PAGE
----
SAP details HANA software

The software is optimised for in-memory computing particularly for the analysis of huge data volumes according to the company

September 21, 2011

In May this year, SAP launched its high performance analytic appliance (HANA) a new software in the South African market. Today SAP has a growing catalogue of business-centric applications designed to address the conundrum of big data, large audiences and complex business and statistical calculations. The fact that HANA-based applications are able to process information ten to a thousand times faster than traditional systems opens up new areas for real, real-time computing in an era of time-based competition.

Christoph Kull, EMEA Vice President of Business Intelligence & Data Warehousing for SAP, who was in South Africa last week to speak to local customers and partners about HANA, said that since its launch, the software had garnered more customers in a very limited time than any other product launch he’d worked on. “I have been with SAP for 13 years now, and this is by far the quickest adoption of a new solution I’ve ever seen.”

Based on the success of the initial HANA release, SAP is starting to roll out a wide range of over 50 new HANA-based applications across the globe. Each application has a particular industry focus and is applicable to everyone from small and midsized organisations to large, multi-nationals.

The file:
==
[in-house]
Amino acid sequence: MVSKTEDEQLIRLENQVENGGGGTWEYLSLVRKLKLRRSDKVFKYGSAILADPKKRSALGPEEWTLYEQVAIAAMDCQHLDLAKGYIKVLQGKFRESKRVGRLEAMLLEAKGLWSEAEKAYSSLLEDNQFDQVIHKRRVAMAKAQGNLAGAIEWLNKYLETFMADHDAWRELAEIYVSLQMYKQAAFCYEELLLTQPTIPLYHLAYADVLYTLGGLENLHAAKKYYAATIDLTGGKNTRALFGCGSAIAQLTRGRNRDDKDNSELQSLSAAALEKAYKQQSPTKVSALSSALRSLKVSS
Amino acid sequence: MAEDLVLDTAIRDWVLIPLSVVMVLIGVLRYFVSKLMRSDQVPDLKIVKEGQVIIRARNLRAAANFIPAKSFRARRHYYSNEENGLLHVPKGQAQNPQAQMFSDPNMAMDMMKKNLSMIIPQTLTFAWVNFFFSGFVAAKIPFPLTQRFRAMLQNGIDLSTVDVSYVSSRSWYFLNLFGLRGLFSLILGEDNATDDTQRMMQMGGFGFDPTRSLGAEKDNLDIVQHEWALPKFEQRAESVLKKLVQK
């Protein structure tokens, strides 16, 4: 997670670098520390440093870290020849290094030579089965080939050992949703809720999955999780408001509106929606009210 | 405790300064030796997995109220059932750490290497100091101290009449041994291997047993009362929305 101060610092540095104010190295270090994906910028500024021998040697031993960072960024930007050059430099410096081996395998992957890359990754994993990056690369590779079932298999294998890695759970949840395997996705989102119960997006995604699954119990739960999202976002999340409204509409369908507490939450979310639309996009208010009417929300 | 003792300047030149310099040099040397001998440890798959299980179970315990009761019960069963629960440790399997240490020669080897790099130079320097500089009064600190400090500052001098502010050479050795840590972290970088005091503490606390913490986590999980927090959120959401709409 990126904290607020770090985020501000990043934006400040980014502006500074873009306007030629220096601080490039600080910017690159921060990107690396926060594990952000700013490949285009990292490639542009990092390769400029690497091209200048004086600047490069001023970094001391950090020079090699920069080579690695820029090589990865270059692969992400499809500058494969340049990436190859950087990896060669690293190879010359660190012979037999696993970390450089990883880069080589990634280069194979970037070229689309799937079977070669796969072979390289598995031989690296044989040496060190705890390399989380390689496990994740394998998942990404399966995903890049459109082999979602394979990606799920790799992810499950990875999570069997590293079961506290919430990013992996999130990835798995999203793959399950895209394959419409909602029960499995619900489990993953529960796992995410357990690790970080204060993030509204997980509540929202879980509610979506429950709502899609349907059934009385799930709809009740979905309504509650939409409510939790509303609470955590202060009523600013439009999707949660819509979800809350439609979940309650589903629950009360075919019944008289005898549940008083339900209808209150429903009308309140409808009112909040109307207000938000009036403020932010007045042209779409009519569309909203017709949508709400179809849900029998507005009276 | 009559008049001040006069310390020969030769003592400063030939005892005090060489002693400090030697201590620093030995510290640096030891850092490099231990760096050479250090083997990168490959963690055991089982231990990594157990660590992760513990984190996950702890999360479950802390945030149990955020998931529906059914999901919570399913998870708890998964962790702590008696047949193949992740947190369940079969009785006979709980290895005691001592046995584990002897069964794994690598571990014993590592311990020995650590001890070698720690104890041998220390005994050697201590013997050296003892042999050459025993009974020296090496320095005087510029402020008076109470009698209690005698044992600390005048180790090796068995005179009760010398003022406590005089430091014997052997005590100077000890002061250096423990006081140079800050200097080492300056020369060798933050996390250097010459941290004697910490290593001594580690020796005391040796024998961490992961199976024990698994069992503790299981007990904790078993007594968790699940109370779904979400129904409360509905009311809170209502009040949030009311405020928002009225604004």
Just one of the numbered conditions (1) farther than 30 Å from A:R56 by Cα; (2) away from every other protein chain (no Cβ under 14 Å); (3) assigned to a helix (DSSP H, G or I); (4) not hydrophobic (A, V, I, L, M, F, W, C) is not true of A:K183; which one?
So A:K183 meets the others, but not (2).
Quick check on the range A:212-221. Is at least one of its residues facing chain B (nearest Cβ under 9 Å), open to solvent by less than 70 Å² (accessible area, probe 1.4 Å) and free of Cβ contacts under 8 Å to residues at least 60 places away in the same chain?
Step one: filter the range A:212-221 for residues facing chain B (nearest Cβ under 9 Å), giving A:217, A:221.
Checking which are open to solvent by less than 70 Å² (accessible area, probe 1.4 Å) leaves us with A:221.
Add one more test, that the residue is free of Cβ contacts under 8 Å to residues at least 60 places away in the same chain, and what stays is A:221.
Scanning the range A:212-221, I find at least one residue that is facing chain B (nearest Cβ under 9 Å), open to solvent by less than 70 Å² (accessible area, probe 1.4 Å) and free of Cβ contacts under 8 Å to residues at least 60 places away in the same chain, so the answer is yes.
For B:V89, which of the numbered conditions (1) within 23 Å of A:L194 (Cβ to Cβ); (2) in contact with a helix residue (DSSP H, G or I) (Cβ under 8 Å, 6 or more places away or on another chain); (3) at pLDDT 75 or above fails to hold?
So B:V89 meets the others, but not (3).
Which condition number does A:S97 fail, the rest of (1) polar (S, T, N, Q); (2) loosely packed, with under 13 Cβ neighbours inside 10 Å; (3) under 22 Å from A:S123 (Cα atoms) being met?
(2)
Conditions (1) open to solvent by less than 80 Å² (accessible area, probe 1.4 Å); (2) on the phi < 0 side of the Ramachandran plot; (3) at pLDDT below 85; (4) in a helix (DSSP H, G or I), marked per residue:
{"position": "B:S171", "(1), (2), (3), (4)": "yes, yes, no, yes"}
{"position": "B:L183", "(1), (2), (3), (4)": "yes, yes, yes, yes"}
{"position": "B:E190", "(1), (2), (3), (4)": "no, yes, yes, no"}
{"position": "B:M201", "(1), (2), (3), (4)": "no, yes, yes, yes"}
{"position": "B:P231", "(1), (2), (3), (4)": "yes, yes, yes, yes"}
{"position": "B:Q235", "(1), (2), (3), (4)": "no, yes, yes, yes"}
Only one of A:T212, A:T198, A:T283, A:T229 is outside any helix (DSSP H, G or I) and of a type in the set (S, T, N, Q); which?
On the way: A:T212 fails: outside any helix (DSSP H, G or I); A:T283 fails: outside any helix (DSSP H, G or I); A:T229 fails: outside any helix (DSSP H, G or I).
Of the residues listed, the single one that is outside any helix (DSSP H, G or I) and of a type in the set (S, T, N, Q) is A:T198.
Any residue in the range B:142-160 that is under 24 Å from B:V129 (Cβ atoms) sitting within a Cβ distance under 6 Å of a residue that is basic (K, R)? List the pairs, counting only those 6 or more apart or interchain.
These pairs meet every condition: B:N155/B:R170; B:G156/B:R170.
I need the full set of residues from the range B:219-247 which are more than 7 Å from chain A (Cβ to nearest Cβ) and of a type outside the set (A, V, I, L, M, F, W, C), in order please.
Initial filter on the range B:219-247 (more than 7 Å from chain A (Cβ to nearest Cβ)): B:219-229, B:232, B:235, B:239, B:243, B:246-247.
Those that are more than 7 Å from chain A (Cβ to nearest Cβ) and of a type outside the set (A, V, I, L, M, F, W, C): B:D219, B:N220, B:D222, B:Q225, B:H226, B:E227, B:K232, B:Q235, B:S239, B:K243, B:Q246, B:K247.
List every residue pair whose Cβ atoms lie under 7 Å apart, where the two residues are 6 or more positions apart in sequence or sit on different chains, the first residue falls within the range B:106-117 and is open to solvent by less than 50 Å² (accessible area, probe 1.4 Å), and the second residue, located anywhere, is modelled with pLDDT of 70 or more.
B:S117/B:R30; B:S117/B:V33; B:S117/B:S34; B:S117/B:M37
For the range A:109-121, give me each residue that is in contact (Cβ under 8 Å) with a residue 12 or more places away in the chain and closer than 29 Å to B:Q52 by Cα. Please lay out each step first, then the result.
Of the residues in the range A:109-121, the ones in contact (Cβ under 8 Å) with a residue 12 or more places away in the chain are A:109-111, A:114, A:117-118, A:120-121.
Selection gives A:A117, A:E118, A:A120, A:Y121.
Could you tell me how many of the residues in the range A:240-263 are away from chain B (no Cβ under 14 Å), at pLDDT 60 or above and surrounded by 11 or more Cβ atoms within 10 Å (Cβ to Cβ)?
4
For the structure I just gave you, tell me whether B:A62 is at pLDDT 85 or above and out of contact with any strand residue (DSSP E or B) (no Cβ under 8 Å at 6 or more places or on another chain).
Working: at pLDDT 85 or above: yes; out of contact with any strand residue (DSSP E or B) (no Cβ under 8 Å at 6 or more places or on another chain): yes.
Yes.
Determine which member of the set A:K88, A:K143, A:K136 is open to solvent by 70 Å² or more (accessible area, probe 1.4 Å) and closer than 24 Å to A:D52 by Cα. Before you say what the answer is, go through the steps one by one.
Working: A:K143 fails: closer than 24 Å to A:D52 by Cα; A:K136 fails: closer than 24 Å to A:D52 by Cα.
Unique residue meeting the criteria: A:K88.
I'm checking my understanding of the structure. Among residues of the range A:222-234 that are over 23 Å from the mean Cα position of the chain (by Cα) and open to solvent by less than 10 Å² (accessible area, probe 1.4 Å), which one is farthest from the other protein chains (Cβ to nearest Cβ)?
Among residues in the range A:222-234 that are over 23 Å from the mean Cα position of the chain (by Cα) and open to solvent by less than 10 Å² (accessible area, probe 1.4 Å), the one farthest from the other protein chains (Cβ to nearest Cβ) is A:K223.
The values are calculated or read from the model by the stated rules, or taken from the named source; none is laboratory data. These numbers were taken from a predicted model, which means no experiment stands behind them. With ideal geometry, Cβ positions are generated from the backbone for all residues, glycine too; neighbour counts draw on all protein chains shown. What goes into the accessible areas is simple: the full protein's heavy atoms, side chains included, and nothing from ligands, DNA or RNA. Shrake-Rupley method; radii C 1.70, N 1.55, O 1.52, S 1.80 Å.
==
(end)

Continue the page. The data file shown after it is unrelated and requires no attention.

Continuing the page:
“HANA is more than just a fast in-memory appliance,” continued Kull. “It is an application platform with real-time analytical capabilities that can be used regardless of whether companies are already running SAP.”

A large retailer in the US that has been using HANA for a few months now is utilising it for fraud detection at the point of sale. Similarly, a large American Pay TV business has been able to tailor commercial breaks to individual viewers in real time using HANA.

Particularly relevant to South Africa’s specific context is HANA’s application to the energy sector. Instead of basing energy usage patterns on the time of day, or the season, HANA is able to track demand and outages in real-time thus allowing utility providers to tailor their generation, distribution and provisioning  in real-time. This application is already having an impact on energy companies in Germany that  thus far have had to buy additional electricity from neighbouring countries to put up with Germany’s peak-time demand.

“HANA is revolutionary for many reasons: it uses  RAM for  physical storage and it can download any amount of data, process it, and then provide an analysis and response to queries within seconds,” said Kull. “

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